All in all, I think most will say it was hit or miss. Mostly hit. And I got to meet a few people in the process and I'm truly glad for the experience. As Richard Jackson said, I think it's interesting to see who comes to a free school as opposed to being really great at UCLA and disappearing after, these people are in it because they are eager. I think that these are going to be highly successful people, and I really want to know what they end up doing.
From The Geometry Center
The computer animation Outside In explains the amazing discovery, made by Steve Smale in 1957, that a sphere can be turned inside out by means of smooth motions and self-intersections. Through a combination of dialogue and exposition accessible to anyone who has some interest in mathematics, Outside In builds up to the grand finale: Bill Thurston's ``corrugations'' method of turning the sphere inside out. Along the way, the narrators discuss the related case of closed curves and why they generally cannot be turned inside out. Everyday analogies such as train tracks, belts, smiles and frowns are used throughout, all richly animated and complete with sound effects.
Outside In is 22 minutes long and was produced at the Geometry Center under the direction of Silvio Levy, Delle Maxwell and Tamara Munzner. The 48-page, full-color book, Making Waves, introduces more precisely the mathematical ideas behind Outside In and develops them further.
From The Guardian 1977
Long unfairly neglected by travelers, the islands of San Serriffe truly offer something for everyone: a rich culture full of fascinating customs, an informative case study for environmentalists and economists, and a treasure trove of unusual tubers for botanists. Now under nominally democratic government, now is the time to discover San Serriffe's distinctive cuisine, tropical climate and quaint transportation, before the next volcanic eruption occurs.
Written history of the archipelago is somewhat unfairly dated from European colonisation in the early 15th century, though there is clear evidence of a rich history before that. In particular, some have identified San Serriffe as the Biblical land of Abyss, where "an island was removed from its place" (Revelation 6:14) and from where the Beast will crawl out onto Earth. Some scholars, however, contend that the Apocalypse has already occurred and San Serriffe is the result.
The island is named after Sant Sharrif, a 10th century Indian saint who set sail with his band of followers from the coast of present-day Gujarat on a quest to go around the world and reach the Himalayas from the North. This desperate attempt was made necessary by the fact that overland pilgrimage routes to the Himalayas were blocked by Jain monks who insisted on engaging all pilgrims in debates on the epistemological challenges arising from Anekantavada.
Unfortunately, the Chinese-made compass the voyagers were carrying malfunctioned and they were swept into what is now known as the Bay of Tilde. Sant Sharrif claimed that the land he had just found was actually one of the seven islands they'd have to cross to reach the Himalayas, and claimed the islands in the name of King Harsha Verdhana who had financed the expedition. The name that stuck, however was that of Sharrif.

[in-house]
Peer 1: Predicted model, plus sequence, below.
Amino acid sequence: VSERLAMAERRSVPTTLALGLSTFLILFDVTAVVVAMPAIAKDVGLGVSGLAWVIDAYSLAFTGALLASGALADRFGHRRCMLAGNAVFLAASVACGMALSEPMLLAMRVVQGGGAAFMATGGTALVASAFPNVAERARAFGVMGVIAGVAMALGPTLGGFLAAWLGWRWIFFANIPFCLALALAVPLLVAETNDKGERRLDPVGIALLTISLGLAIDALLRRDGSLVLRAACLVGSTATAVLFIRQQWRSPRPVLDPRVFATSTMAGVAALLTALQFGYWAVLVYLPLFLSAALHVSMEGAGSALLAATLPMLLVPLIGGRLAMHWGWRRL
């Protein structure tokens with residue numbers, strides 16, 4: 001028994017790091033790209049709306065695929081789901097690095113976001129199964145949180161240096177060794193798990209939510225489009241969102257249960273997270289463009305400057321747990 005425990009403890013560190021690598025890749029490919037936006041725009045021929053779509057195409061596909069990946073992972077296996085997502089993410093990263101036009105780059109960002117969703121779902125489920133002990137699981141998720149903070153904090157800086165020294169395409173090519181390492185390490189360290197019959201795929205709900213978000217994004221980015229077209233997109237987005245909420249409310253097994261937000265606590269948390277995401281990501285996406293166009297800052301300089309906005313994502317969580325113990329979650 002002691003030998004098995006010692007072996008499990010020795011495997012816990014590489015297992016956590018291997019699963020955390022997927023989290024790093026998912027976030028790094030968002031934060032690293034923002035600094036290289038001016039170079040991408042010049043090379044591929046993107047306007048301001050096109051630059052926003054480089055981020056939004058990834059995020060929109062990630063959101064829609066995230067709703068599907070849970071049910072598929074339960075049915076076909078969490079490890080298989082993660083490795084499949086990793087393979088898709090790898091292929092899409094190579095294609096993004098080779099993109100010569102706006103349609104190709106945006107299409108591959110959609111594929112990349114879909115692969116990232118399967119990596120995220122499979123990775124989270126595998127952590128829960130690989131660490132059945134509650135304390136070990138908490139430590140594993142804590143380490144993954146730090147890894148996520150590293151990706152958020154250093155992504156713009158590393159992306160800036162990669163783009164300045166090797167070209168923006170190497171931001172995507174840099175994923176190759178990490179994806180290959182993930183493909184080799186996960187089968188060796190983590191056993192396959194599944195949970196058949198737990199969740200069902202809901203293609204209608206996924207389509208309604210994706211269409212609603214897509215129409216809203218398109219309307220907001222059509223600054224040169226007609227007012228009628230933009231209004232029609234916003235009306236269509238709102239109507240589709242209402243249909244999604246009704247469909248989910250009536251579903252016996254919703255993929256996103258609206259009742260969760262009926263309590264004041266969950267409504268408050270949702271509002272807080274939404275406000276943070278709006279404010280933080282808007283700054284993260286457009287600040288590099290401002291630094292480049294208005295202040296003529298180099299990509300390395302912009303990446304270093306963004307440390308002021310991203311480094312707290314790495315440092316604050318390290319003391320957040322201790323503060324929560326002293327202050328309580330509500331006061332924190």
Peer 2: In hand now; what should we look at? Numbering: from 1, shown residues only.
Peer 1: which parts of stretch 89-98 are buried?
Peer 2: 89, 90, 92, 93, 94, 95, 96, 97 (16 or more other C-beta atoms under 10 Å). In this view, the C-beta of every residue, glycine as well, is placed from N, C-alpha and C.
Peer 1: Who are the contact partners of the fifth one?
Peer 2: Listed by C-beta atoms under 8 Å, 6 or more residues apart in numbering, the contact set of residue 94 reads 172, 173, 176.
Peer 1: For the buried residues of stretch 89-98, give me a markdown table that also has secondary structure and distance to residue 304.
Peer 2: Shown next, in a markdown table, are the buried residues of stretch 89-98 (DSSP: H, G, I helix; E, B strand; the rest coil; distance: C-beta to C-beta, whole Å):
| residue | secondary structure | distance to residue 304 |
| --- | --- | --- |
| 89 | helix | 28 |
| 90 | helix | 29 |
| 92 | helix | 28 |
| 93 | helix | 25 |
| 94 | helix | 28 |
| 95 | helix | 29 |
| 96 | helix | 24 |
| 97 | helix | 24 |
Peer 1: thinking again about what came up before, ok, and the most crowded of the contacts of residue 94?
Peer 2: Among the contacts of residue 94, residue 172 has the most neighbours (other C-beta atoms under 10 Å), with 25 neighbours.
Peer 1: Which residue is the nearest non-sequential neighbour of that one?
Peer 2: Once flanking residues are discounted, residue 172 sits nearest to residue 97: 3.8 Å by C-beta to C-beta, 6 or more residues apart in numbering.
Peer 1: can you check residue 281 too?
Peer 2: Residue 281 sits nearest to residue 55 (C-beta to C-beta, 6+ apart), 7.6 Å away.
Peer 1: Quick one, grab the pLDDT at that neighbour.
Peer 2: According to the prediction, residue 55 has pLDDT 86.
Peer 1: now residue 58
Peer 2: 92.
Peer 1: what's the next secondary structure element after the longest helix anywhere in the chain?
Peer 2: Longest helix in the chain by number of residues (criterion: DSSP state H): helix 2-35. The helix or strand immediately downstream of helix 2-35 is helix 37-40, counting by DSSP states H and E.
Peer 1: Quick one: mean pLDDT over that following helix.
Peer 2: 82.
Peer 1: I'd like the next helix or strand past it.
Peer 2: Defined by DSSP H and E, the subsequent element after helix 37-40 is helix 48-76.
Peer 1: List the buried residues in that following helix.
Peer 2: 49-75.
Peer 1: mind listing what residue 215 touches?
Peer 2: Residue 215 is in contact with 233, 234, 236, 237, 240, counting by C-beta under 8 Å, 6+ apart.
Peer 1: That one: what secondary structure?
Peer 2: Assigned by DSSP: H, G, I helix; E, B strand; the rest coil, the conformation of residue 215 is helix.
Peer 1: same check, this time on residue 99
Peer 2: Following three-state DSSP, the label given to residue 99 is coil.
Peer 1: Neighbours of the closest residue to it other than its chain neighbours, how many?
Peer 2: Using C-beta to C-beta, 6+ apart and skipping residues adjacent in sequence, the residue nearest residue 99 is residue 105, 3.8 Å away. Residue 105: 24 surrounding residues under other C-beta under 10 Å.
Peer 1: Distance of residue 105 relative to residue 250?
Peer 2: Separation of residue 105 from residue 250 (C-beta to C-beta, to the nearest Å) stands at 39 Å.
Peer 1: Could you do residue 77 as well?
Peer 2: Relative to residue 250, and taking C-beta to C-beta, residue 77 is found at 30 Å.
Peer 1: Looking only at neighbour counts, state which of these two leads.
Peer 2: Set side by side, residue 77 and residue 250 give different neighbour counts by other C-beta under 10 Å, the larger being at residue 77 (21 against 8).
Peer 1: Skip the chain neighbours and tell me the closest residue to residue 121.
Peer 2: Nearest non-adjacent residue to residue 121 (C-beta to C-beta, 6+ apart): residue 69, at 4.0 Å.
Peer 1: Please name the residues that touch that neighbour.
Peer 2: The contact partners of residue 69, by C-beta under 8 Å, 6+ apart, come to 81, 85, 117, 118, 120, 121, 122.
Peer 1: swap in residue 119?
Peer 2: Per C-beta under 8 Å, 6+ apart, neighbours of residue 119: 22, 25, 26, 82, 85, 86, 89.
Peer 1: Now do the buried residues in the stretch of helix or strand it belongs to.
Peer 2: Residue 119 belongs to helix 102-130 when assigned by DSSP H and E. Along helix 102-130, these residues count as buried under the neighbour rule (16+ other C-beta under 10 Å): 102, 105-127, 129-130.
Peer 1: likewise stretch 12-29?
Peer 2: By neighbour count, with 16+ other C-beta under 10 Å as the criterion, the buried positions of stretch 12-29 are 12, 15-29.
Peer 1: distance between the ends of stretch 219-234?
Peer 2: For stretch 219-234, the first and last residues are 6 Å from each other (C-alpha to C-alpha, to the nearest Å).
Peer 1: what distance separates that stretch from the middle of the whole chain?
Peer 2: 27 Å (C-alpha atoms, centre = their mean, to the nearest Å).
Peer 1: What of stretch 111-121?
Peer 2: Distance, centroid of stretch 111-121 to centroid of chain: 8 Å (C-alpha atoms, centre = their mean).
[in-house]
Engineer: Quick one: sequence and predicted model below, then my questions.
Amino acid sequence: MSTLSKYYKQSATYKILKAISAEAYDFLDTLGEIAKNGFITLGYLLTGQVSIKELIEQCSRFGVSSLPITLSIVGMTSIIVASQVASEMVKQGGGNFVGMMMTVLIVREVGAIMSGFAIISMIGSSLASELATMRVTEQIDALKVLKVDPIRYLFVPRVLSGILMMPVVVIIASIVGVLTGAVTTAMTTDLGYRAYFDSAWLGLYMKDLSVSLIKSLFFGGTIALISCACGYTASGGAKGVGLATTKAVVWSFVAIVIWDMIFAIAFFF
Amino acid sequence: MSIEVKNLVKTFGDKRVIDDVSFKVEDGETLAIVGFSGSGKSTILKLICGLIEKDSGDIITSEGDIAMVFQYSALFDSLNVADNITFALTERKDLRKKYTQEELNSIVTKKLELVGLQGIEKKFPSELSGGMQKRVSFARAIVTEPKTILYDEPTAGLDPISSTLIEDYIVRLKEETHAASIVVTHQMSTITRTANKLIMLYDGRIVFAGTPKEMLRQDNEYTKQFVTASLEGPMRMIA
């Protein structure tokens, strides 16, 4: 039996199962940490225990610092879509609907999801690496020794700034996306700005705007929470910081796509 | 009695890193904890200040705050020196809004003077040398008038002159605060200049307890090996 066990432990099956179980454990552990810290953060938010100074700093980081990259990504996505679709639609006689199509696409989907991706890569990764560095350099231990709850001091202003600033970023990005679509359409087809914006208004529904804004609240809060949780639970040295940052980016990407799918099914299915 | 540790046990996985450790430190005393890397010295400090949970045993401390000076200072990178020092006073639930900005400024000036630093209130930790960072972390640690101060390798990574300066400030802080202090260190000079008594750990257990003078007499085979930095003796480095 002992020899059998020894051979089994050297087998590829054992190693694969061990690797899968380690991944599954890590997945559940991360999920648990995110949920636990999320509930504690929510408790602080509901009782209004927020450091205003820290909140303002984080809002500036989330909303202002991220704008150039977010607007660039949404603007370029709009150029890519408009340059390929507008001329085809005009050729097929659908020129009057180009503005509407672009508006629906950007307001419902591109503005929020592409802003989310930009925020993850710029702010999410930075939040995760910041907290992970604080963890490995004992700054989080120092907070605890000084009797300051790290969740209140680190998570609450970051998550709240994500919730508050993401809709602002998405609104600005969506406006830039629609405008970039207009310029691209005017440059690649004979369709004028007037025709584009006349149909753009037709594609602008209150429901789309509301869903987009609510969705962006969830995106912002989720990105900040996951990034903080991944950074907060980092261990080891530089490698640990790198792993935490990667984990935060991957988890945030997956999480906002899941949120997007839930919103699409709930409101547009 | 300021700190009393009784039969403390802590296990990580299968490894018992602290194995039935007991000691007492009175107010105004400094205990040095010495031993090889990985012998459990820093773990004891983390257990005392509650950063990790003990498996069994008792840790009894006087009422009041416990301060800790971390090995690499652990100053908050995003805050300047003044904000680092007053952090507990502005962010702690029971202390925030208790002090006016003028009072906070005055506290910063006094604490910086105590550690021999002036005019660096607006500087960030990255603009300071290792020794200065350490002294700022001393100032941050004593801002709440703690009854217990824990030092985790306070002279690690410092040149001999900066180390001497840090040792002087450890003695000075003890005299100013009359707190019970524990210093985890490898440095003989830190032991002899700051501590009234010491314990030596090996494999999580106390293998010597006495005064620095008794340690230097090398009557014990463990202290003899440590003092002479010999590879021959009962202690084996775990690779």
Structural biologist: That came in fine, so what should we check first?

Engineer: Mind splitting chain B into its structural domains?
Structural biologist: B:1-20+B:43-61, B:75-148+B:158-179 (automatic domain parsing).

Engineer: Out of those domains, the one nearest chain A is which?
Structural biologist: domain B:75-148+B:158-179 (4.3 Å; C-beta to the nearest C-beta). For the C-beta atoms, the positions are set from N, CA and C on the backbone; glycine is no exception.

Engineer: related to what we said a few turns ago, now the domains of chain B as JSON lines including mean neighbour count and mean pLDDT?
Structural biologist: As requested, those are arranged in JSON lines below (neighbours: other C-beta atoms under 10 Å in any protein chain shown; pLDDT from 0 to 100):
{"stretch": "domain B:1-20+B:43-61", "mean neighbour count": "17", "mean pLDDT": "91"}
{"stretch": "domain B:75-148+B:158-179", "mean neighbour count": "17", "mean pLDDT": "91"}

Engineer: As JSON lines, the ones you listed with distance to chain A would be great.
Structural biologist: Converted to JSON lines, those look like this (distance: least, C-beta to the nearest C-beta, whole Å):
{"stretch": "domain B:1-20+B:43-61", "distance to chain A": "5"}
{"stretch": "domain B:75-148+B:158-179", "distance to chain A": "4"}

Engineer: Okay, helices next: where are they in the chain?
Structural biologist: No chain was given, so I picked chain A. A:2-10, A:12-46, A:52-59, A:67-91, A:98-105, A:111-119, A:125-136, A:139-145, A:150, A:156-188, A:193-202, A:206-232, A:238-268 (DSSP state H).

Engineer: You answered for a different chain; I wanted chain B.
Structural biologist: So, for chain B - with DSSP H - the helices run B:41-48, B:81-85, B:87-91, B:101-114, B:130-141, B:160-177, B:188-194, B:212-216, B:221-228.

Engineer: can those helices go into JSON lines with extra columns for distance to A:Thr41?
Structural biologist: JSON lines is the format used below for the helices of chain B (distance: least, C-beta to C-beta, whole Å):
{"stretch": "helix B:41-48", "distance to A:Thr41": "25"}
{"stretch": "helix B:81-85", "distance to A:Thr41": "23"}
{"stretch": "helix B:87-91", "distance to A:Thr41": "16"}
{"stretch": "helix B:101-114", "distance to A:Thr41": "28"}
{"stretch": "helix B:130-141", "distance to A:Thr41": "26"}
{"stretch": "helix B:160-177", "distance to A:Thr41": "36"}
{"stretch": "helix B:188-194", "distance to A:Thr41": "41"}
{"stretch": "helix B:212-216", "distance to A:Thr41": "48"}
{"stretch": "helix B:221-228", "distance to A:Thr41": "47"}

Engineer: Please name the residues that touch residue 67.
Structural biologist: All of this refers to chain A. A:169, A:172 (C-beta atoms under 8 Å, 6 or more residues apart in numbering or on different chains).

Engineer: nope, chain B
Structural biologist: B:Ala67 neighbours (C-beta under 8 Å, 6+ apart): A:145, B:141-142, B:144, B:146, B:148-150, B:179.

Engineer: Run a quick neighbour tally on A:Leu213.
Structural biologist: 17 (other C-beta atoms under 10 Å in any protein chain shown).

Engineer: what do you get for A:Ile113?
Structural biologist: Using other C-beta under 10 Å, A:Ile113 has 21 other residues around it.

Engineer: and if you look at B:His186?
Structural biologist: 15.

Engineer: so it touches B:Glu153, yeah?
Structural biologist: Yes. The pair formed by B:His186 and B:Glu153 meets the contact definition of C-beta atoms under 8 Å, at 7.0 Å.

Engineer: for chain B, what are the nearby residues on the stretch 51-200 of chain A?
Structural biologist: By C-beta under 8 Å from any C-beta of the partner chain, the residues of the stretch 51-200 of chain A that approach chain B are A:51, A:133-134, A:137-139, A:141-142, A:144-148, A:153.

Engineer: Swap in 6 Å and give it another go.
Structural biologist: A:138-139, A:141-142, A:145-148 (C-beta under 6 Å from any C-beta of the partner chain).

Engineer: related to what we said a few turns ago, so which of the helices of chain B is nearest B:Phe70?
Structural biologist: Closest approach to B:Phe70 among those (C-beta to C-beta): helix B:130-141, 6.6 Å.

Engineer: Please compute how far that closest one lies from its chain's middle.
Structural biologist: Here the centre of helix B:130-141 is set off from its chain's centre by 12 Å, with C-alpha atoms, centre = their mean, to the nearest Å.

From 1432, San Serriffe was colonized, conquered and retaken in rapid succession by the Spanish, the Portuguese, the British, the Italians and, on one memorable occasion, Luxembourg. It was the Portuguese, though, who had the most influence and who finally granted San Serriffe its long-awaited independence in 1967.
Alas, independent San Serriffe rapidly turned into an autocratic dictatorship under the rule of General Pica, whose Justified Party led with an iron fist and crushed all traces of the Aligned rebellion. Pica's machete-wielding paramilitary hit squads -- called Chapoo Peeko or Smallcaps for their trademark headwear -- kept the population in a constant state of terror. However, following a palace coup in 1990 led by General Melior (formerly Pica's gardener), in 1997 the islanders held their first democratic elections and elected the charismatic Antonio Bourgeois, who ran on an emphatic platform of the redistribution of banana and pineapple wealth for all.
During the post-World War II years, from about 1946 through approximately 1970, the United States government operated a secret base for various scientific and military operations somewhere in the jungle hills about 25 miles (40 km) north of the city of Arial. The U.S. government has confirmed that a base once existed on the island, but has not provided any details of its operations or experiments. Today, all staff have been evacuated. Modern conspiracy theorists provide details that the base was the center of operations of Project Lucida, a project whose primary goal was weather control.
Seriffean culture reflects its riotous mix of races and cultures. The native people of San Serriffe are the Flong, but they are outnumbered by the European settlers known as the colons. Naturally, there has been considerable intermarriage between the two groups, and these descendents are known as semi-colons. In the past twenty years, many of the nation's younger generation have become increasingly influenced by modern western culture, most notably by elements of the Hip-Hop, Rap, and Rastafarian subcultures. This generation has often been labelled as the apostrophes.
To honor the Wingdings, Asterist priests the San Serriffe government declared "Wingdings", "Wingdings 2", and "Wingdings 3", which can be found on most personal computers in any nation, except San Serriffe, the national font. Since 1994 all documents have to be written or printed in either variant of Wingdings.